Establishing relations with China was the best decision because his country is struggling for development. Decades after independence, Solomon Islands is still aid dependent and the country is still poor, despite its immense resources and potential, including in forestry, marine resources, minerals and tourist attractions. Unless his country realigned itself to open up to the opportunities provided by China, he feared it would remain poor forever. Asked about his impressions of President Xi Jinping, he singles out his leadership in lifting the Chinese people out of poverty. This does not simply happen by chance and is something that other countries should emulate.

As the leader of a Pacific Island country, and home to some of the world’s greatest diversity of corals and coral reef species, Sogavare expressed serious and grave concern with regard to both the Japanese plan to release contaminated water from the Fukushima nuclear reactor into the ocean and the AUKUS agreement between Australia, the UK and the US that will see the introduction of nuclear powered submarines into the South Pacific. The South Pacific countries had jointly sent the Prime Minister of Cook Islands to Japan to convey their concern.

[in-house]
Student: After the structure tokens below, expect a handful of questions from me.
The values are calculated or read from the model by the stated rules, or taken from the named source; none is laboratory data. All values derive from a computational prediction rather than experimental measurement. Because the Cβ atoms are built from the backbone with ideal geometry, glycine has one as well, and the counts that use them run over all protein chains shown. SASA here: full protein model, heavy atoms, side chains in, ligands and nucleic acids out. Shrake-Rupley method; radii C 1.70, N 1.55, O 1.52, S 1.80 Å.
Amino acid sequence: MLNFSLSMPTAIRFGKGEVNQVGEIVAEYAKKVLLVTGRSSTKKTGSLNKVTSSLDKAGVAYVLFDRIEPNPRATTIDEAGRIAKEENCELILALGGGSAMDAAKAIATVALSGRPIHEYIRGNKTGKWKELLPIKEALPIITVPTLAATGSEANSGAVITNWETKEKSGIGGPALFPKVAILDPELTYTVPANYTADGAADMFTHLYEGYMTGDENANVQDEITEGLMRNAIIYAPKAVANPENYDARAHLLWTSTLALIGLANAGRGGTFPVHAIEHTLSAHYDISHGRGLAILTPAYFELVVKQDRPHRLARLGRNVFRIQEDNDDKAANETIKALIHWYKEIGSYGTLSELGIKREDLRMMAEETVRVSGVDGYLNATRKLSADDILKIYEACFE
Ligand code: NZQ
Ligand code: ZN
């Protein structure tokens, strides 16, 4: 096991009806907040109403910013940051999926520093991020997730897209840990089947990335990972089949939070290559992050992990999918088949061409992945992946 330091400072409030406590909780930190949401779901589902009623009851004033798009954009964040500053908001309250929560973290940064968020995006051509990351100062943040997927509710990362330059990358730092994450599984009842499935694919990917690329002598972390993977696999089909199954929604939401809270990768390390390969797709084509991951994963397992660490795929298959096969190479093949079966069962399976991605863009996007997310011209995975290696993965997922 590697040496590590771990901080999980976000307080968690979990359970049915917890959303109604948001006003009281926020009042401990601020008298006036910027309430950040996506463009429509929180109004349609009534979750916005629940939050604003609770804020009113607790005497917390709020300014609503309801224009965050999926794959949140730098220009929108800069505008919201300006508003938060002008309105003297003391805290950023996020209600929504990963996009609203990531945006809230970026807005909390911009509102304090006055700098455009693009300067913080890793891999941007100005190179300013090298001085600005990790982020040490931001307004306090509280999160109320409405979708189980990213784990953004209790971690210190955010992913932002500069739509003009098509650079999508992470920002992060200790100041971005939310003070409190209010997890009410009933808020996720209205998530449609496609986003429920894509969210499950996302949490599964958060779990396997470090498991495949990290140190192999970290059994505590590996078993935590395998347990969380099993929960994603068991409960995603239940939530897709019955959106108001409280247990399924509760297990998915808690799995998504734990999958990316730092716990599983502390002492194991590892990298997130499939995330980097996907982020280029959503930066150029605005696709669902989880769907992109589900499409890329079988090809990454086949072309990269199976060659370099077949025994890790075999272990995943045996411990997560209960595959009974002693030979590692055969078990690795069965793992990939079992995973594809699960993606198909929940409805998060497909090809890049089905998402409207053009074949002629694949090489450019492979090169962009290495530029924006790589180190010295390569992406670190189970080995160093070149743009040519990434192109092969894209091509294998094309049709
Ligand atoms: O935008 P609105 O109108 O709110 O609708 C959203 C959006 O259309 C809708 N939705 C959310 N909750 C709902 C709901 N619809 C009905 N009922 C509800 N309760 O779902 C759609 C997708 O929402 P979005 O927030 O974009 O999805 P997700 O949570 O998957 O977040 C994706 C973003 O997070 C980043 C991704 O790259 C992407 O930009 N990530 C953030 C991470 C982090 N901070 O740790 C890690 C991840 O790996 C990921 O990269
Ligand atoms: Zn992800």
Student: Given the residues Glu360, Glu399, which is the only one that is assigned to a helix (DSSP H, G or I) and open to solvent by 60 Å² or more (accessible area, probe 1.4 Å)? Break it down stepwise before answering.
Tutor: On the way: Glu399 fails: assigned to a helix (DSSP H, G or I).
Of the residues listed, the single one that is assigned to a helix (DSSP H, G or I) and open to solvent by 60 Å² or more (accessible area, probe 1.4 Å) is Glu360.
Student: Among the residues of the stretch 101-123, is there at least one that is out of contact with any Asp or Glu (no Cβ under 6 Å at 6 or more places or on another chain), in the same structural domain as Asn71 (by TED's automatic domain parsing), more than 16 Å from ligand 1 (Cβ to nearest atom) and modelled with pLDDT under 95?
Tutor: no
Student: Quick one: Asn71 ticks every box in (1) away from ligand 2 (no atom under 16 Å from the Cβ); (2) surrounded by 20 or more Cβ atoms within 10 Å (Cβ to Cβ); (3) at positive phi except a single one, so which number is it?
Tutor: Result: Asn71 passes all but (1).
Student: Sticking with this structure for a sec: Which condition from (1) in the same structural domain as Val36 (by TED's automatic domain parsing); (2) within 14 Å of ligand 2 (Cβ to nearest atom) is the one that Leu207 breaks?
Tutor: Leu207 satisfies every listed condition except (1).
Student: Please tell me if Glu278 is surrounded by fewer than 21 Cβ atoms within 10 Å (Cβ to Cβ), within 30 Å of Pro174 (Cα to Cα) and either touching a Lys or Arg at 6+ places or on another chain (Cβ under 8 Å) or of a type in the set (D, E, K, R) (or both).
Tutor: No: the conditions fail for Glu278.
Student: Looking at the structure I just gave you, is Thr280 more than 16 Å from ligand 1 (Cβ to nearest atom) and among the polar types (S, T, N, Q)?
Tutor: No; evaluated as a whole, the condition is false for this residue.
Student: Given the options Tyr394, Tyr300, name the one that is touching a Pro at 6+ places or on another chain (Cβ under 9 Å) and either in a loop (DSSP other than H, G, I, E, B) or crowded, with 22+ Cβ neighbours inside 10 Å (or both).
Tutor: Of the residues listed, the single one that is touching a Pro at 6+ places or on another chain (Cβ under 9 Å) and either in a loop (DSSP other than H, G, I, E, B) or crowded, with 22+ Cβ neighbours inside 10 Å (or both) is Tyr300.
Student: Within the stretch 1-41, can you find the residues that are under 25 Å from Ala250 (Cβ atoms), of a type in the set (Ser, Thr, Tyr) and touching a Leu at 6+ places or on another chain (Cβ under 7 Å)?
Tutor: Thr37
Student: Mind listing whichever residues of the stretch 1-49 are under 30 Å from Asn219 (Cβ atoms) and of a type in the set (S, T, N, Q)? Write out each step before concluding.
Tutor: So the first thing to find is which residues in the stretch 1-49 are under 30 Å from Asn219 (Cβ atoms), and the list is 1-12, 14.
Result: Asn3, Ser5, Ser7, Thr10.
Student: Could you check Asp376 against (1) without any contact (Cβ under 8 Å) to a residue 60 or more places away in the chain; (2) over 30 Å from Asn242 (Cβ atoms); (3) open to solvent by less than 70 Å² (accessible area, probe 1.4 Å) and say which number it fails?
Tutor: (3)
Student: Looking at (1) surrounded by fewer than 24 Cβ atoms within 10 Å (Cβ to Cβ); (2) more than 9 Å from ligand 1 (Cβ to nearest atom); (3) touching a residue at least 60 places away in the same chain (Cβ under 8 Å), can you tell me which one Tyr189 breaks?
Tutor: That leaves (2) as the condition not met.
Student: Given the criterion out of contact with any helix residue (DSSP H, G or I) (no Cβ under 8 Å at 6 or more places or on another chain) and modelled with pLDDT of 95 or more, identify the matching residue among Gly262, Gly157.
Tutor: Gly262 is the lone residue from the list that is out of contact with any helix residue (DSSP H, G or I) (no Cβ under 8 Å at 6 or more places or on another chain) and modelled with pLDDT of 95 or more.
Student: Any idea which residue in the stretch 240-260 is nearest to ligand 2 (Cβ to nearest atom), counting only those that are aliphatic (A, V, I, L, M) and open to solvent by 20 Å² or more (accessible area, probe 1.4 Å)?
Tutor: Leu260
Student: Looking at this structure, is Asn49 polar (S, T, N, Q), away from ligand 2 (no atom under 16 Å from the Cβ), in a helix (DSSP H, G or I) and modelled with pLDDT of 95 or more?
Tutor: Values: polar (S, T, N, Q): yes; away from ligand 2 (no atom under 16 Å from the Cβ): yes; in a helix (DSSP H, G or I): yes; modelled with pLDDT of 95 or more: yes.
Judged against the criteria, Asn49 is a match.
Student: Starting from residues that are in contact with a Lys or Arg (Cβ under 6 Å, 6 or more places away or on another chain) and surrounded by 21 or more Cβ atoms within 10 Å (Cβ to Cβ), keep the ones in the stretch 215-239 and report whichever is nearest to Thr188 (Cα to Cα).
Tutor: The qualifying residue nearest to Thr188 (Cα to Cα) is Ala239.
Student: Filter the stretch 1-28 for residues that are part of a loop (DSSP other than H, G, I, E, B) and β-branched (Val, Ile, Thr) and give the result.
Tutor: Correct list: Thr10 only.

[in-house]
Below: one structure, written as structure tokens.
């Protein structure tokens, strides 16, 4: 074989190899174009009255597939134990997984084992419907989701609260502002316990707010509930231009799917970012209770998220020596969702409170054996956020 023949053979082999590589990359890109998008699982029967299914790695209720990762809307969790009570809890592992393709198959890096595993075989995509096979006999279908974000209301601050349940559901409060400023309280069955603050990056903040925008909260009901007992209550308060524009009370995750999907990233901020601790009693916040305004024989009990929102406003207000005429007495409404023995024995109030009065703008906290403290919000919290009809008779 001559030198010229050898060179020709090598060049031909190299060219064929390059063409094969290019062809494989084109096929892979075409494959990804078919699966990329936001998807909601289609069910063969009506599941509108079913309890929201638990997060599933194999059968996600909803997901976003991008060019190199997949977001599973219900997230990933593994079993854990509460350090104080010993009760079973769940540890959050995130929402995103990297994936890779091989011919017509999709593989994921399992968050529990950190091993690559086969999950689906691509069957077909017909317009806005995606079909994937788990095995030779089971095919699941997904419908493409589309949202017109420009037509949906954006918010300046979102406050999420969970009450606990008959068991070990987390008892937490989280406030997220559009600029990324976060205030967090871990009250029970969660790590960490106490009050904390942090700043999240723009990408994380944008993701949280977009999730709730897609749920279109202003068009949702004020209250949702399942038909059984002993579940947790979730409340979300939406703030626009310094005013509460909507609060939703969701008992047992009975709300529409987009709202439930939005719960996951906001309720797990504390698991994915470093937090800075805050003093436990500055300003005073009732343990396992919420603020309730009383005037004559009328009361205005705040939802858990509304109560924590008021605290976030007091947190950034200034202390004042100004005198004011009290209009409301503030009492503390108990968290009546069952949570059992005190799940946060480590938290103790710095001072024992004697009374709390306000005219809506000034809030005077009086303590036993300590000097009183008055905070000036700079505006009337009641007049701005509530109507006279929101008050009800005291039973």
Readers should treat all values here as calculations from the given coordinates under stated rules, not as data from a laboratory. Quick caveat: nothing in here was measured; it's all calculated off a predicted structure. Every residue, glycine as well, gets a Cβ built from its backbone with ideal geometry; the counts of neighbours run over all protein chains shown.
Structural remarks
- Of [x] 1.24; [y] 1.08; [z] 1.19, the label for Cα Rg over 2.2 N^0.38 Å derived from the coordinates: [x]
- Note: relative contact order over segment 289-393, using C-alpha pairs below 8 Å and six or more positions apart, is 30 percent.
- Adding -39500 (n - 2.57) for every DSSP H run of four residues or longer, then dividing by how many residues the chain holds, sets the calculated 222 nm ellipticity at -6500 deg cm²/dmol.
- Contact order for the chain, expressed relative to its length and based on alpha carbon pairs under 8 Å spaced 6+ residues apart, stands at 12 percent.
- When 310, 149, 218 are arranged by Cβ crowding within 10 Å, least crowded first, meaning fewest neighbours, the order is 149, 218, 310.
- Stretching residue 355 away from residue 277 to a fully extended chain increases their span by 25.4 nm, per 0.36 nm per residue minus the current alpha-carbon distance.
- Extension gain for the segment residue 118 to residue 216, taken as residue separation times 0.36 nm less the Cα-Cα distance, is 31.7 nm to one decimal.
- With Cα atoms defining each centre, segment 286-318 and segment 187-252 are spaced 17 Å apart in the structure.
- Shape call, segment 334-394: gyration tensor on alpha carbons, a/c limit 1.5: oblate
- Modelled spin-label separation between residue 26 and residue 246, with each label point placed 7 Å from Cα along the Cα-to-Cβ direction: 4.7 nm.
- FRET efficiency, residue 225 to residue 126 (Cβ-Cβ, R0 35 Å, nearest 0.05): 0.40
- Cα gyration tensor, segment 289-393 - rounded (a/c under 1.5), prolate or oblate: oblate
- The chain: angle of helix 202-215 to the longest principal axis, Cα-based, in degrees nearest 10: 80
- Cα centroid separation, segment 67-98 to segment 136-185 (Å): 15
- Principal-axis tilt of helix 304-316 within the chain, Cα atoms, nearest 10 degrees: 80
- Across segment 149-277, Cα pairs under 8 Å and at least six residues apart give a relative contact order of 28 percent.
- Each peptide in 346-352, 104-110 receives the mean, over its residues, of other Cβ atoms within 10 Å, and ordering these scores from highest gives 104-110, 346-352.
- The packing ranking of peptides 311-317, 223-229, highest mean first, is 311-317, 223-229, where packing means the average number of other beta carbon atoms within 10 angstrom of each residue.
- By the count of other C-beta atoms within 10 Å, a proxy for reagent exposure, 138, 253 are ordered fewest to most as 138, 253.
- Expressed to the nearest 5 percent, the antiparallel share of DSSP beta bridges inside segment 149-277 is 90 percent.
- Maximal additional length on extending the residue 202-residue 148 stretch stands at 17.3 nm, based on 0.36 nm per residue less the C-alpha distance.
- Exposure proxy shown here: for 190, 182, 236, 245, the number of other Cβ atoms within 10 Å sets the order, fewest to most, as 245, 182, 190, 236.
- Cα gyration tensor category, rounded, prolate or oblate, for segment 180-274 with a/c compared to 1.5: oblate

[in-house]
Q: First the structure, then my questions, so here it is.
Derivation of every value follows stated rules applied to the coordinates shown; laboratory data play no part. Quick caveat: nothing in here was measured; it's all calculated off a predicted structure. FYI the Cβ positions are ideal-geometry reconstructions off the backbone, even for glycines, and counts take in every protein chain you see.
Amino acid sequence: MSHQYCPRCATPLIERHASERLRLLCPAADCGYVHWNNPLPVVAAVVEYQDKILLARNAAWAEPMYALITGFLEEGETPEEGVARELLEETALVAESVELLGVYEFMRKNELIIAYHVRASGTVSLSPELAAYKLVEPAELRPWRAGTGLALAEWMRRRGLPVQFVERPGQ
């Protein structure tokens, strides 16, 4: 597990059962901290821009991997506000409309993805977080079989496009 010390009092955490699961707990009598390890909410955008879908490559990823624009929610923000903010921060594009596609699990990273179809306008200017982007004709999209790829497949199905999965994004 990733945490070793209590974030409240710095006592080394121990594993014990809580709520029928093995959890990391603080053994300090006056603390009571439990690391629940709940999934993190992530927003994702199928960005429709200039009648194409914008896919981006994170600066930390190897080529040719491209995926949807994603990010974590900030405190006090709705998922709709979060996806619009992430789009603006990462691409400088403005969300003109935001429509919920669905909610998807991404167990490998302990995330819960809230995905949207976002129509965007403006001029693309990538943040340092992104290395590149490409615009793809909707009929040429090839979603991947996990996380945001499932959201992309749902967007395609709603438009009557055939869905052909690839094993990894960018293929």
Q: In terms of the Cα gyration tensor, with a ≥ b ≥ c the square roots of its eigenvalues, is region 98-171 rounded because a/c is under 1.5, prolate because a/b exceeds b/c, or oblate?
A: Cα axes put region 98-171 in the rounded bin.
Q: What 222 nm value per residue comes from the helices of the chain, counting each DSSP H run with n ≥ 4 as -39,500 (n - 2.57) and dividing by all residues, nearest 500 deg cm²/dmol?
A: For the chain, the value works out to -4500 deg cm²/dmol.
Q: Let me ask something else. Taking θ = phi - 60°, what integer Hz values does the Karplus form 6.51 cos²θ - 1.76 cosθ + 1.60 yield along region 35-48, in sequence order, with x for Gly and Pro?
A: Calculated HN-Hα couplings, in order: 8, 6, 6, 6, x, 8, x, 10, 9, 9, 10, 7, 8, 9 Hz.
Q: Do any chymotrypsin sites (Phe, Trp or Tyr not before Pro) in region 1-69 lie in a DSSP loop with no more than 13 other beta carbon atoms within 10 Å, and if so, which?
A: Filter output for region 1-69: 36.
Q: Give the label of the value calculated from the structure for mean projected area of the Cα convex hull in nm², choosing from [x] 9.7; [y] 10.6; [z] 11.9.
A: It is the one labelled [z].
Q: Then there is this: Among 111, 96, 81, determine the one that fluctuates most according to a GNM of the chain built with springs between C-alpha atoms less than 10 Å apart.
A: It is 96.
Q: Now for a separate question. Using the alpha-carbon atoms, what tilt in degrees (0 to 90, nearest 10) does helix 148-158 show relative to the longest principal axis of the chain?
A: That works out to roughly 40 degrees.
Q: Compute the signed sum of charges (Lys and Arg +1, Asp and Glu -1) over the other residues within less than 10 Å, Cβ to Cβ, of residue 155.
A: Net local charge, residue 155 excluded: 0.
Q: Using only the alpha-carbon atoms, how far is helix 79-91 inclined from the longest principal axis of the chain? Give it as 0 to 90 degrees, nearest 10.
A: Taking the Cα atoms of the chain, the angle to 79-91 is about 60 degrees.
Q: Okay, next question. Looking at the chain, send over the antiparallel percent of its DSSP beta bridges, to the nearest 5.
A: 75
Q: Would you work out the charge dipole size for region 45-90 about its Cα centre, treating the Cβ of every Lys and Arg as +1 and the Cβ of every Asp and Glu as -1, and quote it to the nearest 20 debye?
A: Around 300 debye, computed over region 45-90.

Regarding the AUKUS agreement, he explained that the first he had heard of this was on the media – the countries concerned had not even had the courtesy to inform Solomon Islands. This is despite the fact that both Australia and Solomon Islands are signatories to the 1986 South Pacific Nuclear Free Zone Treaty, also known as the Treaty of Rarotonga. The South Pacific, he says, is very clear on its nuclear free policy, citing the impact of the nuclear tests on Moruroa (a part of Polynesia still under French colonial rule) and the continued suffering of the people there.